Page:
Carole explains: “Those sheep have fewer lambs, create more work and are less likely to be in-lamb on time for next year. We are not wanting passengers – they are all meant to be working for their keep.”
Good grassland husbandry is at the heart of their farming enterprise. As a result, the family has made a concerted effort to graze ewes on young grass ahead of tupping, to boost fertility. They say ewes grazed on young grass tend to have more lambs.
William says: “At tupping time, we try to make sure the ewes aren’t in too good condition when they go do the rams – we try to ensure they are on a rising plane of nutrition.”
Recording and estimated breeding values
As pedigree breeders, the Ingrams are fully aware of the benefits of performance recording and using EBVs.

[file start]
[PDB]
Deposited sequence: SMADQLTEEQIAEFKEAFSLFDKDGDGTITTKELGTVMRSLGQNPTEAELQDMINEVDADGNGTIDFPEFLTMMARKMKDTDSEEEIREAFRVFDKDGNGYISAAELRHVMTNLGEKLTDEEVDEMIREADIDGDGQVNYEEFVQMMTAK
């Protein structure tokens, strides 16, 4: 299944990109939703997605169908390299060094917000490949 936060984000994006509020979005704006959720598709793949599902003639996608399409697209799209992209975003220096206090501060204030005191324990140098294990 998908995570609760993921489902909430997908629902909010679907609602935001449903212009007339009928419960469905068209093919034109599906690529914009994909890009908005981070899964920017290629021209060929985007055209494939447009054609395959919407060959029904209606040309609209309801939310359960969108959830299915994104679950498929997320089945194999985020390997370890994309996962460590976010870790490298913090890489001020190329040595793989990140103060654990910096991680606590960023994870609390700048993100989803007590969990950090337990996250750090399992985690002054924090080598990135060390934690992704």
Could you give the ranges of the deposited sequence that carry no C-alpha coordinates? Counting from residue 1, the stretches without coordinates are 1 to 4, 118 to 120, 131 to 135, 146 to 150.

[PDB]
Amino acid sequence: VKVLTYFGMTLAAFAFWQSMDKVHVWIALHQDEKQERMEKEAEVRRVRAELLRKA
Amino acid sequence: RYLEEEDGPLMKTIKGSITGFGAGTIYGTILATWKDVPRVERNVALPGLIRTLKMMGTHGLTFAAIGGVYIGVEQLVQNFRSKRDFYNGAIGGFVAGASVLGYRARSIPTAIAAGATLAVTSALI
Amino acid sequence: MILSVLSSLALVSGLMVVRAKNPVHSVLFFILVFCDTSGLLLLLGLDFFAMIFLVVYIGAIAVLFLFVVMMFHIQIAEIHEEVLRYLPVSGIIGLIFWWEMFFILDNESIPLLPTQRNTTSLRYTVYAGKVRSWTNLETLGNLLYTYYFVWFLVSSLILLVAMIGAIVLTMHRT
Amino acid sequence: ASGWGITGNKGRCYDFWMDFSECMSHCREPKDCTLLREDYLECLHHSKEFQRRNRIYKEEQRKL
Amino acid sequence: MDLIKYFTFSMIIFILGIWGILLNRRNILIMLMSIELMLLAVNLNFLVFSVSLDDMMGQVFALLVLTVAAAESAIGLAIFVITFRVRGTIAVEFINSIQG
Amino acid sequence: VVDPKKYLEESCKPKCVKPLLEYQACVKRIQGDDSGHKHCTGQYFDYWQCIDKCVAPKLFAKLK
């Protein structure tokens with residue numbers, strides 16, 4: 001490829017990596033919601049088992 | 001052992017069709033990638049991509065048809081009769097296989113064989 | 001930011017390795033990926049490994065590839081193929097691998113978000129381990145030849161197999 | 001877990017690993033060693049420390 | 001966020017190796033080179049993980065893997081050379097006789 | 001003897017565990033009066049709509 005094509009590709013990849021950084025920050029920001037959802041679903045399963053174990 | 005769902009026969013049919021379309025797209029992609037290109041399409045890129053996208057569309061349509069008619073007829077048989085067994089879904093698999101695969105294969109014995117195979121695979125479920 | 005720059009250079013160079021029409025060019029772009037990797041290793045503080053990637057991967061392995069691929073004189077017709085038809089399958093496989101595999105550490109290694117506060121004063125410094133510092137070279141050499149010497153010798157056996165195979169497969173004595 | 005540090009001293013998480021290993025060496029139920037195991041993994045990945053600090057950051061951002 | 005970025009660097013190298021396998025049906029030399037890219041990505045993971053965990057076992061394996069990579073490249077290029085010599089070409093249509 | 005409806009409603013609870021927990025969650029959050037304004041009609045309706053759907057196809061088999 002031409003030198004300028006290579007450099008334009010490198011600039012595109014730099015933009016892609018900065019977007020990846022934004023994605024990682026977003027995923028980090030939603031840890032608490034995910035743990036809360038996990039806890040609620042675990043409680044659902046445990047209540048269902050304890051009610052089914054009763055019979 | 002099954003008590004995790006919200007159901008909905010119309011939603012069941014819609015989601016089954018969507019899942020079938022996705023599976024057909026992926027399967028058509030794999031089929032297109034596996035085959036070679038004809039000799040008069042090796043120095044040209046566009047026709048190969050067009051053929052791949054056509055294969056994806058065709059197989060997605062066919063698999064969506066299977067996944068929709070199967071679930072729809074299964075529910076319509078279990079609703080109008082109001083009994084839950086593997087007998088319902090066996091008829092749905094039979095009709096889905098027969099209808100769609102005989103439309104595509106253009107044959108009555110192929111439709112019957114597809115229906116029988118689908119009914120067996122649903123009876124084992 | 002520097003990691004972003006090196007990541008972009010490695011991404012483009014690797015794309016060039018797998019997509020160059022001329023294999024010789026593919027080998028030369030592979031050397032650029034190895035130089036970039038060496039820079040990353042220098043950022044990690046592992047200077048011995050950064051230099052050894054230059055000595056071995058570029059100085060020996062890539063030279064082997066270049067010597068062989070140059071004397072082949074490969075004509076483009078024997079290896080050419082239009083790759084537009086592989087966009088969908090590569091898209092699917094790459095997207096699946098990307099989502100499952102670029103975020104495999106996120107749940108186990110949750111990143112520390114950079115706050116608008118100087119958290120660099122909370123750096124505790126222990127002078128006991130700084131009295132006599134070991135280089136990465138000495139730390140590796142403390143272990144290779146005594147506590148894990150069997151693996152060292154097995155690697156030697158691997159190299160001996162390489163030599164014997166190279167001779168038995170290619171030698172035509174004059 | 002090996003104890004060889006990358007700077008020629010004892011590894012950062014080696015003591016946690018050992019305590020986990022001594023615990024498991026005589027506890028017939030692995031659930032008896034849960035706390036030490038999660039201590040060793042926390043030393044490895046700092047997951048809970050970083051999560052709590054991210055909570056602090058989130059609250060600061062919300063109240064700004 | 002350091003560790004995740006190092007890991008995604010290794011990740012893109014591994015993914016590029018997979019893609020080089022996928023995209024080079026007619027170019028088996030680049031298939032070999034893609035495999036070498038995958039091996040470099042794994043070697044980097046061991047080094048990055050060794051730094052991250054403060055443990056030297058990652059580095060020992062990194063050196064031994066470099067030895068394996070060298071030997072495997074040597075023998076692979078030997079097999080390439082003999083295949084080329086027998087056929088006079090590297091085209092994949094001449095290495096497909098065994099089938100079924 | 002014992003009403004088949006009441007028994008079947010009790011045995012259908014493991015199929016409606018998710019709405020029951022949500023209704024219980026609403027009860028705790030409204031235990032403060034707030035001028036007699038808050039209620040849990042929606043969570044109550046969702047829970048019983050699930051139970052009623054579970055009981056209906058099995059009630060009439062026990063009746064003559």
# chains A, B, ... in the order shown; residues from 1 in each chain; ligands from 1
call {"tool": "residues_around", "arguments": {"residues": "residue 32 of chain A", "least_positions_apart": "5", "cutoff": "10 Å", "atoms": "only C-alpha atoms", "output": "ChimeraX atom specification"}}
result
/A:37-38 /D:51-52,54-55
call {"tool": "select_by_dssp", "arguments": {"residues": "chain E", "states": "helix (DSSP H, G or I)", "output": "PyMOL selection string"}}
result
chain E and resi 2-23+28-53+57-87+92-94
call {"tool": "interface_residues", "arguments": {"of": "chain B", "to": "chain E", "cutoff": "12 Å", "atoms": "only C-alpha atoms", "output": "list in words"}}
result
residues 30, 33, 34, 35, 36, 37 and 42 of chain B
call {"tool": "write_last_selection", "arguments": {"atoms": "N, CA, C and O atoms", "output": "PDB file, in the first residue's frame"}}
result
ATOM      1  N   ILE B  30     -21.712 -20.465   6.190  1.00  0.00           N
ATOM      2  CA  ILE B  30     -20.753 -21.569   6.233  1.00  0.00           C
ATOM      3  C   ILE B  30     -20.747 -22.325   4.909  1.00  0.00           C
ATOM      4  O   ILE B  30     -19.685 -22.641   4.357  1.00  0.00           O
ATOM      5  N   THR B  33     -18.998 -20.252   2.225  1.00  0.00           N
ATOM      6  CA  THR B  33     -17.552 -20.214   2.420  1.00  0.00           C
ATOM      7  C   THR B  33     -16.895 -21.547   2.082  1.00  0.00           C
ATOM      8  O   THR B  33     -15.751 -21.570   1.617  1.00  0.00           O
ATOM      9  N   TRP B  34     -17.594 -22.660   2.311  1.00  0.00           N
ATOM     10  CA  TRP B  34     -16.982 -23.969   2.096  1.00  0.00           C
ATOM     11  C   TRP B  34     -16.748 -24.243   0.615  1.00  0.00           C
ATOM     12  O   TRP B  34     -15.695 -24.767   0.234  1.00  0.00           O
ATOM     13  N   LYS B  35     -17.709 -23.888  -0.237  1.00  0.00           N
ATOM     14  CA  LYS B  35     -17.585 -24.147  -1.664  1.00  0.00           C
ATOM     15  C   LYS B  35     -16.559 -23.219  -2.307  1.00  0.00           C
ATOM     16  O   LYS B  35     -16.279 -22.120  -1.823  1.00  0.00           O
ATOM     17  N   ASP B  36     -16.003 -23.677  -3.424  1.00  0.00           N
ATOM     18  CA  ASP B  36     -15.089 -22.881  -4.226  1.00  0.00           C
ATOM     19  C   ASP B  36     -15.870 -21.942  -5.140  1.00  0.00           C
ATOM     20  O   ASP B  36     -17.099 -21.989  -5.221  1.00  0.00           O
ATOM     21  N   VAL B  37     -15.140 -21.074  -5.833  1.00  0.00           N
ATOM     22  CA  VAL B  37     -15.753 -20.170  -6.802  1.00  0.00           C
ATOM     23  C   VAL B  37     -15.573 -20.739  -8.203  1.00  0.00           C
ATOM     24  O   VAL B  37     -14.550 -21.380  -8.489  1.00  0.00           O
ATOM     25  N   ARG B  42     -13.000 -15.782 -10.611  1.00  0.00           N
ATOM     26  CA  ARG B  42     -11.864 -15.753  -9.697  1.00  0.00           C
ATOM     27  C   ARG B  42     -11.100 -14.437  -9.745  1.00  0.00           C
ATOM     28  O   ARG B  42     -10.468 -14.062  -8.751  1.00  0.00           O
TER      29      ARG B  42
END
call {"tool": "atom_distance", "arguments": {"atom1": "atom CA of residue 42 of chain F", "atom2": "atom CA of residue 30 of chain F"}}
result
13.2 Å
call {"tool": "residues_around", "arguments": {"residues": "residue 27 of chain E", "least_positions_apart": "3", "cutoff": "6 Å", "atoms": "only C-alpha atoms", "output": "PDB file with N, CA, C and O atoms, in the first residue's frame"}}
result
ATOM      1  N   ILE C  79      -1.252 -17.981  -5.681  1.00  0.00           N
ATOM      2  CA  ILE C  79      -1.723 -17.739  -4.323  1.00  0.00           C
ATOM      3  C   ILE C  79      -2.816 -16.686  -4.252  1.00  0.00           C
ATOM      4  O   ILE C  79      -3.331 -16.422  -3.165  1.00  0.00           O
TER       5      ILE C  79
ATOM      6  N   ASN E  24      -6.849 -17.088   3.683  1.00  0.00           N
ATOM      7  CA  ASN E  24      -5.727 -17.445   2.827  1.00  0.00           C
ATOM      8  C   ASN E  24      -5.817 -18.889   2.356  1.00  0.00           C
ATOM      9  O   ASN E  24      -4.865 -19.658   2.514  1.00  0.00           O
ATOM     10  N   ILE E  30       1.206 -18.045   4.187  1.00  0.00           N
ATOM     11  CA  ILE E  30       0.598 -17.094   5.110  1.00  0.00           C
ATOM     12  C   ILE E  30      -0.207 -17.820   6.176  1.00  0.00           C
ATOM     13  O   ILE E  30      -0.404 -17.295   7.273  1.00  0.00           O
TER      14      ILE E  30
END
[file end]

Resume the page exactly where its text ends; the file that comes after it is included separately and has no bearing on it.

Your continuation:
Carole says: “We put a lot of time and effort into the recording process – if you have a system in place which pinpoints your underachievers, you can deal with it.”
All the rams offered for sale at the Logie Durno sale, which this year takes place on 8 August, are performance-recorded.
Bruce adds: “I think EBVs are a tool that more sheep farmers need to incorporate into selection. One of the biggest things for us is the use of performance figures, and we think it’s crucial for the industry that people are recording.
In the future, the family plan to make better use of electronic identification (EID). William explains: “We want to try and use EID more to our advantage. We are on top of recording without using EID but would like to use it to speed up the process.”
Fertility: top tips from the Ingrams
- Keep a young flock. After four years all sheep go from the Ingrams’ flock
- Adopt a strict culling strategy and be prepared to lose a substantial amount of the flock at first
- Remember nutrition plays an important role – try and graze ewes on young grass and ensure they are on a rising plane of nutrition at the time of tupping
- Don’t keep anything in the flock that fails to get in-lamb
- Record performance and take EBVs into consideration when buying-in stock
Read more from our Feature Farm series